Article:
(b) Determination of Contents of Appendix; Cost of Producing. The parties are encouraged to agree as to the contents of the appendix. In the absence of agreement, the appellant shall . . . serve on the appellee a designation of the parts of the record which he intends to include in the appendix and a statement of the issues which he intends to present for review. If the appellee deems it necessary to direct the particular attention of the court to parts of the record not designated by the appellant, he shall . . . serve upon the appellant a designation of those parts. The appellant shall include in the appendix the parts thus designated. In designating parts of the record for inclusion in the appendix, the parties shall have regard for the fact that the entire record is always available to the court for reference and examination and shall not engage in unnecessary designation.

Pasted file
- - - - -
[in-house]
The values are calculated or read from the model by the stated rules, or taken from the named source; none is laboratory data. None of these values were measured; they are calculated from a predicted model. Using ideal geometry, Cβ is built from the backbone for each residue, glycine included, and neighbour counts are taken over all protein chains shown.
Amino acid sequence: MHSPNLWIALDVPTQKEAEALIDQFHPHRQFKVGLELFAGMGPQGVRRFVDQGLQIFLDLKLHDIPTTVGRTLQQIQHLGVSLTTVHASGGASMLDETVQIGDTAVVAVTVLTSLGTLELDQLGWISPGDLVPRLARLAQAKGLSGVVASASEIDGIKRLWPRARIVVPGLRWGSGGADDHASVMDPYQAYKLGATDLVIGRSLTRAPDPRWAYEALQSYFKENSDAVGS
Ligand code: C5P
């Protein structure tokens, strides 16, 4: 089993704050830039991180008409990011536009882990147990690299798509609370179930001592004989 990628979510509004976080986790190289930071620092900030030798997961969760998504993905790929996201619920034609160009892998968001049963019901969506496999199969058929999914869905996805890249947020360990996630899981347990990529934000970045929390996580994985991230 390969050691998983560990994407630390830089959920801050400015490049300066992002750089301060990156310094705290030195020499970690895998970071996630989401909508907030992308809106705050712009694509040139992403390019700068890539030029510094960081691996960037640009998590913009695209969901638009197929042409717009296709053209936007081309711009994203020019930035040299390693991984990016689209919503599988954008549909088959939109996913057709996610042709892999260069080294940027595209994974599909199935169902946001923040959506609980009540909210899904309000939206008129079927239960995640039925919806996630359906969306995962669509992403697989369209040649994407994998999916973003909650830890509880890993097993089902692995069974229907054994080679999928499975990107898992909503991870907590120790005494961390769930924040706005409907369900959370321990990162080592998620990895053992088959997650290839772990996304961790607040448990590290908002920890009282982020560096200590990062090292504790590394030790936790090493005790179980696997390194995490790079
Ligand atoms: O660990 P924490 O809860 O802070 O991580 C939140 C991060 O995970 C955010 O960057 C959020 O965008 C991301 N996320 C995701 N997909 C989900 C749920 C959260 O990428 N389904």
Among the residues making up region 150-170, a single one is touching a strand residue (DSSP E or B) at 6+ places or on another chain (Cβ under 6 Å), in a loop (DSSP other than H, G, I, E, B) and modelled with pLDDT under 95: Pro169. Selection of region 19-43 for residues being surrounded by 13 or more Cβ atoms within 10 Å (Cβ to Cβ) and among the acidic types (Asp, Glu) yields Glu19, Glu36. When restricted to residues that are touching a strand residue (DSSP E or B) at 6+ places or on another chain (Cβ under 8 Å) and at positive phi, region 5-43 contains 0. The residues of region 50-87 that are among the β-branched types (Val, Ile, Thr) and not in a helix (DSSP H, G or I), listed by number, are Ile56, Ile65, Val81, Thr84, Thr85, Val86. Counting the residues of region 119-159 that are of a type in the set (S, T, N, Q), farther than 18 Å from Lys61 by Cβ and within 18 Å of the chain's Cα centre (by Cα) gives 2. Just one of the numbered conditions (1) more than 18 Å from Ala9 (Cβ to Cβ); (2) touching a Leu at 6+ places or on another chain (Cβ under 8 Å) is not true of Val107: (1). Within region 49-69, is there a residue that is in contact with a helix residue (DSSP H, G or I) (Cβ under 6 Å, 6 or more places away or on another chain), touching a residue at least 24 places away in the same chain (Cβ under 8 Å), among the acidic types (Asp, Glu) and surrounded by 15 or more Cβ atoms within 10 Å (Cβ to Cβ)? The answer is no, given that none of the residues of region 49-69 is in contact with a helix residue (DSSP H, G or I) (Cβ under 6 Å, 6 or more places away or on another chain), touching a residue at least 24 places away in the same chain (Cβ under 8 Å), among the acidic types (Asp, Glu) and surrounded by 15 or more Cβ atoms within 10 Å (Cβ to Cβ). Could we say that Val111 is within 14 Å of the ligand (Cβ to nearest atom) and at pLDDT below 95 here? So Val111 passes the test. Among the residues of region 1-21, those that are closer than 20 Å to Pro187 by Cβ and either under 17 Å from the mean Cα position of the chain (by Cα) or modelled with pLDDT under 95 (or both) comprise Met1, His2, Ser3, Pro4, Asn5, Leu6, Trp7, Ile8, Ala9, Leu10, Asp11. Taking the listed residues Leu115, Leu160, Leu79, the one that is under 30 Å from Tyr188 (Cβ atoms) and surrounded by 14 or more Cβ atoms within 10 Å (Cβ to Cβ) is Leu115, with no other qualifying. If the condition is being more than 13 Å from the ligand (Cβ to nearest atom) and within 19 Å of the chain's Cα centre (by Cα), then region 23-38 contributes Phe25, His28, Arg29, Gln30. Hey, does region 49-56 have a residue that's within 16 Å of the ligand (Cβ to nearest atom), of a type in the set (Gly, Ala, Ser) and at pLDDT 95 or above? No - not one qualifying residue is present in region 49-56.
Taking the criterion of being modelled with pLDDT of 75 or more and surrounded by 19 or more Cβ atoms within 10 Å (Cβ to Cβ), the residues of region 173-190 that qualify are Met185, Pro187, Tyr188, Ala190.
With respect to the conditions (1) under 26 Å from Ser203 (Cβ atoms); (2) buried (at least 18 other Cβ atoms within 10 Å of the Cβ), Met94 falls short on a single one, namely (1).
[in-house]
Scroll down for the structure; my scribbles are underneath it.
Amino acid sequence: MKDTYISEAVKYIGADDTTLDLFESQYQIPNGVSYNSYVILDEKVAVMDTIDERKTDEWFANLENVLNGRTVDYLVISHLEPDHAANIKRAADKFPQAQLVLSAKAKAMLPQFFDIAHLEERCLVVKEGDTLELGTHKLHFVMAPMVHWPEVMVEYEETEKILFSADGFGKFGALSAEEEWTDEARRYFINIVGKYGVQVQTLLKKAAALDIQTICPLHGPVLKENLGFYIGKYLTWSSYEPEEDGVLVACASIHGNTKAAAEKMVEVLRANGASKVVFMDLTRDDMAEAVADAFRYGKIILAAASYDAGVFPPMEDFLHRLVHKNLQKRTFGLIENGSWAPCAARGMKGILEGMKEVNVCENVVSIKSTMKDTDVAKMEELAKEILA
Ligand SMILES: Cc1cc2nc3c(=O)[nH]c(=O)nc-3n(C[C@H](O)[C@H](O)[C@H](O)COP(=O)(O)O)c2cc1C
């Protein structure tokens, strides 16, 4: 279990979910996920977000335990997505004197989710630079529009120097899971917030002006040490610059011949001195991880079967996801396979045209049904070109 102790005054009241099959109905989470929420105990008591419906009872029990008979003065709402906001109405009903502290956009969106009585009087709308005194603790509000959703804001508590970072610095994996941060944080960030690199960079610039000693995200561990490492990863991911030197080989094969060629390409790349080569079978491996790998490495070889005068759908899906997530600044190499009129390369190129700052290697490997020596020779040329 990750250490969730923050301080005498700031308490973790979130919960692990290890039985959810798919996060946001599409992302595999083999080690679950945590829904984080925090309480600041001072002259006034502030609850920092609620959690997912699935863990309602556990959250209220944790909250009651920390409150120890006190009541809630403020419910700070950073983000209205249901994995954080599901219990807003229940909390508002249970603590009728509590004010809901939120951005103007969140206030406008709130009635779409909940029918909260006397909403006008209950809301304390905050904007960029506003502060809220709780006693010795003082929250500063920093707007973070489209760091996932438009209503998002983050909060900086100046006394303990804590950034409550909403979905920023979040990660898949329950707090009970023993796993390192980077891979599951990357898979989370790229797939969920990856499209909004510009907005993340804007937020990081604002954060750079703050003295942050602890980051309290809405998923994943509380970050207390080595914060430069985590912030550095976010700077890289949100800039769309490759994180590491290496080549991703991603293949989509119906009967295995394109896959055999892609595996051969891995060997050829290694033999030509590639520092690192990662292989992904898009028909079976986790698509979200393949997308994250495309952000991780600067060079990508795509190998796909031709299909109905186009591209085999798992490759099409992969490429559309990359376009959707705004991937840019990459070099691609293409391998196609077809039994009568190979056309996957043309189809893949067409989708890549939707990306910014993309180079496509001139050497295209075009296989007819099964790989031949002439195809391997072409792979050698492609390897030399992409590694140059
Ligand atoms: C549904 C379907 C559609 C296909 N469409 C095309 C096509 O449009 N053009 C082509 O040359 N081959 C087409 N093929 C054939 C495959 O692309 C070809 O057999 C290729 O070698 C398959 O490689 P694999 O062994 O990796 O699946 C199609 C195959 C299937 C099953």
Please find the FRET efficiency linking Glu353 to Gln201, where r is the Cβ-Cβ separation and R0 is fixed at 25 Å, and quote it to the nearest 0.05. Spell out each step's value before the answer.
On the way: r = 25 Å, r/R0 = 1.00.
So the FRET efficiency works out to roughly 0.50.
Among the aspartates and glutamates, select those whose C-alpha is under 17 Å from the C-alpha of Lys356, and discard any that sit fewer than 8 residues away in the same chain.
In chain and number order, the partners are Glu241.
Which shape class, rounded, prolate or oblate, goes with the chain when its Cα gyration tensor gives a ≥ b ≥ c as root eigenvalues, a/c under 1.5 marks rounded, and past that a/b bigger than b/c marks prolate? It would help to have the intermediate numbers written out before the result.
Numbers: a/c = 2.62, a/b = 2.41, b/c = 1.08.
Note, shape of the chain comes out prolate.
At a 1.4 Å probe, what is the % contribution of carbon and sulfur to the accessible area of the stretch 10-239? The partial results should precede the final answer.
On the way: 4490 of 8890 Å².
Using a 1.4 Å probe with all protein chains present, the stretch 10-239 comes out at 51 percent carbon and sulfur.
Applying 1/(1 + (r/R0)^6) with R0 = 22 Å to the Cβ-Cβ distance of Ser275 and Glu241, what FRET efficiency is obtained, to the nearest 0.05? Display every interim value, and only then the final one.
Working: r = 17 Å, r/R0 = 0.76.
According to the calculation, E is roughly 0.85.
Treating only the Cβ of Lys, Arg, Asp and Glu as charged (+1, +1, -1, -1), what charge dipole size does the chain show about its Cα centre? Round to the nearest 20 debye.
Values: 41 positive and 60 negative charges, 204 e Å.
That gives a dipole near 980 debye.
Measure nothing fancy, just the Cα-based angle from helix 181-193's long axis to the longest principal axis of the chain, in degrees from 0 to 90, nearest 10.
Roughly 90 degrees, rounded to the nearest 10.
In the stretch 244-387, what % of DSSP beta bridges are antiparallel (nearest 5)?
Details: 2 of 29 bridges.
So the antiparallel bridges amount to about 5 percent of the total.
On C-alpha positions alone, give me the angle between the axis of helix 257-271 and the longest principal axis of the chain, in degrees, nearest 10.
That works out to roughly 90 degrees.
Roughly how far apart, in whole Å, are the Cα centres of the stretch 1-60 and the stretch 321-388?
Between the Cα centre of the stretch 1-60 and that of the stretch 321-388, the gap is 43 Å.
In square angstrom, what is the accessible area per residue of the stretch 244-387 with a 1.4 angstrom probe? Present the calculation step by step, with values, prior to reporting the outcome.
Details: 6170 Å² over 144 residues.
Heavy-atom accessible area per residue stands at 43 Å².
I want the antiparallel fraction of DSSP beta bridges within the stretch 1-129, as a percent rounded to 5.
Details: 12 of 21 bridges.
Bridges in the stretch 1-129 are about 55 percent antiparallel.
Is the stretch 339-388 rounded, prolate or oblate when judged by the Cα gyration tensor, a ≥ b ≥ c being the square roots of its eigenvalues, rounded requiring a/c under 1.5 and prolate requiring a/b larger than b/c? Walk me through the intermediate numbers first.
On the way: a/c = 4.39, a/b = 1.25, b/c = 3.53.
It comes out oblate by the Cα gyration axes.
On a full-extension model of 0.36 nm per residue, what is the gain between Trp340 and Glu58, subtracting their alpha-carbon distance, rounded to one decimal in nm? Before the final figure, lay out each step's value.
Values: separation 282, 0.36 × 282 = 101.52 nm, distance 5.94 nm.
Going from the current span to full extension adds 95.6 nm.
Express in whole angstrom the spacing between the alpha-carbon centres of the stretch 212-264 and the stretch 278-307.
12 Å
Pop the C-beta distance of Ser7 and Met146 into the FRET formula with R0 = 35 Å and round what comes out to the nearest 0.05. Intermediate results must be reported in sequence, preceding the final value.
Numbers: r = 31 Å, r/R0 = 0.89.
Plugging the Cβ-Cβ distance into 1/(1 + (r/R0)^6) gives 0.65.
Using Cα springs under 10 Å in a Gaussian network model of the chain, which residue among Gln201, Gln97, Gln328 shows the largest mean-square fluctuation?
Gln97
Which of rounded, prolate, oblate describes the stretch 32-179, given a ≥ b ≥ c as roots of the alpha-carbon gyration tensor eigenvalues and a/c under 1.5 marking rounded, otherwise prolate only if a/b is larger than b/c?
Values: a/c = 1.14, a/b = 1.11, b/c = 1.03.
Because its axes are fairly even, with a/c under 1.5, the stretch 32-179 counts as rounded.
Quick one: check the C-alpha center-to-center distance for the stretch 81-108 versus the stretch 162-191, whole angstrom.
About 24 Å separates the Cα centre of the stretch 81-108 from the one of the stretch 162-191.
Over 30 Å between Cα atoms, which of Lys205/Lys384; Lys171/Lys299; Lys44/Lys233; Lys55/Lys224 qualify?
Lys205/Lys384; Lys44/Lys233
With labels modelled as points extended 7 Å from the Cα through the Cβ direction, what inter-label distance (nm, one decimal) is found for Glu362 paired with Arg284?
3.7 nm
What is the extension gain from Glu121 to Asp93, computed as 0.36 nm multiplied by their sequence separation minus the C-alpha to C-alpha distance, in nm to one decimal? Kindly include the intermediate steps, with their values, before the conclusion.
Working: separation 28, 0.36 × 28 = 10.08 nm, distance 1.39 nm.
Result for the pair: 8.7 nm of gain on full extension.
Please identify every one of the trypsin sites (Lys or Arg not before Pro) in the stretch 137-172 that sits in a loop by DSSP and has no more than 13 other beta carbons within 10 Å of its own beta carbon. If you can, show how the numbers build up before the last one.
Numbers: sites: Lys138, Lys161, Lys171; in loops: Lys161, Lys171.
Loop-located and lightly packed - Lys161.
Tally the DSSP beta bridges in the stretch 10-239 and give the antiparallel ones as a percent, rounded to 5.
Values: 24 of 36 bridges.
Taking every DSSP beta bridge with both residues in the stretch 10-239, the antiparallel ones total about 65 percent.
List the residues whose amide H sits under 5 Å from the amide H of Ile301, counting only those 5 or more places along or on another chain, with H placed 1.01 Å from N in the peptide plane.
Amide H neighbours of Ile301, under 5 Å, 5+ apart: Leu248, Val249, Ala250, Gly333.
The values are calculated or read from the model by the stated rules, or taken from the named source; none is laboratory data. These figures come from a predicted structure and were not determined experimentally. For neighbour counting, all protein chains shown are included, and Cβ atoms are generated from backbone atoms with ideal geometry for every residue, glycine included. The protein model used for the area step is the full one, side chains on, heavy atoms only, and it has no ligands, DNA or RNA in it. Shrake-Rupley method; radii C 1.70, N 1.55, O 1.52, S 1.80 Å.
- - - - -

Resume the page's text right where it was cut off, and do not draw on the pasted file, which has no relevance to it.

Unless the parties otherwise agree, the cost of producing the appendix shall initially be paid by the appellant, but if the appellant considers that parts of the record designated by the appellee for inclusion are unnecessary for the determination of the issues presented he may so advise the appellee and the appellee shall advance the cost of including such parts. The cost of producing the appendix shall be taxed as costs in the case, but if either party shall cause matters to be included in the appendix unnecessarily the court may impose the cost of producing such parts on the party.3